According to forecasts, the seven billionth person will be born today. Thomas Lovejoy uses this moment, in his article in The Guardian, as a way into discussing a sensitive topic related to stemming population growth in response to climate change. He states that “The idea of living sustainably, of “going green”, has recently become a buzzword when talking about everything from energy to water to agriculture…. But in terms of our own numbers, we are anything but sustainable.”. He points out the need for integrated solutions from governments, business and advocates, but continues that “doing any of that without also making efforts to slow population growth makes an uphill climb even more difficult.” He admits “It’s unpopular to apply sustainability to the concept of population growth, as the word “population” evokes worries about state control and limits on reproductive freedom. But slower population growth can not only lessen vulnerability to climate change impacts, it also has the potential to significantly reduce future greenhouse gas emissions”.
What this debate highlights, amongst other things, is what geographer Jon Anderson has recently noted as “a growing trend to cast the individual as the source and solution to many contemporary environmental problems.” In his article currently on earlyview in Transactions of the Institute of British Geographers, Anderson argues that in ‘becoming green’, individuals “have to negotiate a range of trade-offs between their environmental aspirations and the realities of life in a developed, consumer-based society”. Whilst he explores the specific space and identities related to the Centre for Alternative Technology in Wales, UK, this article considers the ways in which tensions around environmental beliefs, practice and lifestyles have led to a ‘politics of pragmatism’. Although Anderson’s paper is not centred on population growth, it does reflect on the individualisation of environmental challenges, notions of responsibility and tensions around ‘becoming green’ – issues that are being discussed on comments to Lovejoy’s article today…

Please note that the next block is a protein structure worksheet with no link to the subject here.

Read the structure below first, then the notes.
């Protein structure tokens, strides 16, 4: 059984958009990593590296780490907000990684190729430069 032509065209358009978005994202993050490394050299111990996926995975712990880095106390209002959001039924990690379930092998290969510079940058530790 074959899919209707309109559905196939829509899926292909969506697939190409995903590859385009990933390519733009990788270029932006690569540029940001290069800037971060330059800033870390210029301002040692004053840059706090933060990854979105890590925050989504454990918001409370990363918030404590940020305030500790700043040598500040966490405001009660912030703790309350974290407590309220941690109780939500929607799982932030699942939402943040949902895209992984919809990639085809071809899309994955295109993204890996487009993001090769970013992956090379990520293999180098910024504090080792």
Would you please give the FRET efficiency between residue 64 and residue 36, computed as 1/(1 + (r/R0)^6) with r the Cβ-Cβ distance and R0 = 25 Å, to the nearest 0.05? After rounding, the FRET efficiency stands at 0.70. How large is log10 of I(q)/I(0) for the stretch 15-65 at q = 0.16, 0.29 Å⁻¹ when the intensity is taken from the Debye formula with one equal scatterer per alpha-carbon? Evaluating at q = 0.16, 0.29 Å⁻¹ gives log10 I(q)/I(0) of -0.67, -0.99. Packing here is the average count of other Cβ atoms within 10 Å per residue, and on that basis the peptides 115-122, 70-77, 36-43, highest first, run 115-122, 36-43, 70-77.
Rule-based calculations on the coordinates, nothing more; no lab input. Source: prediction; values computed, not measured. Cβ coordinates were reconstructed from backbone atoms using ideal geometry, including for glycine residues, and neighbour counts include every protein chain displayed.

Read J. Anderson (2011) Managing trade-offs in ‘ecotopia’: becoming green at the Centre for Alternative Technology, Transactions of the Institute of British Geographers [currently earlyview]
Read T. Lovejoy (2011) Stemming population growth is a cheap way to limit climate change, The Guardian 31st October 2011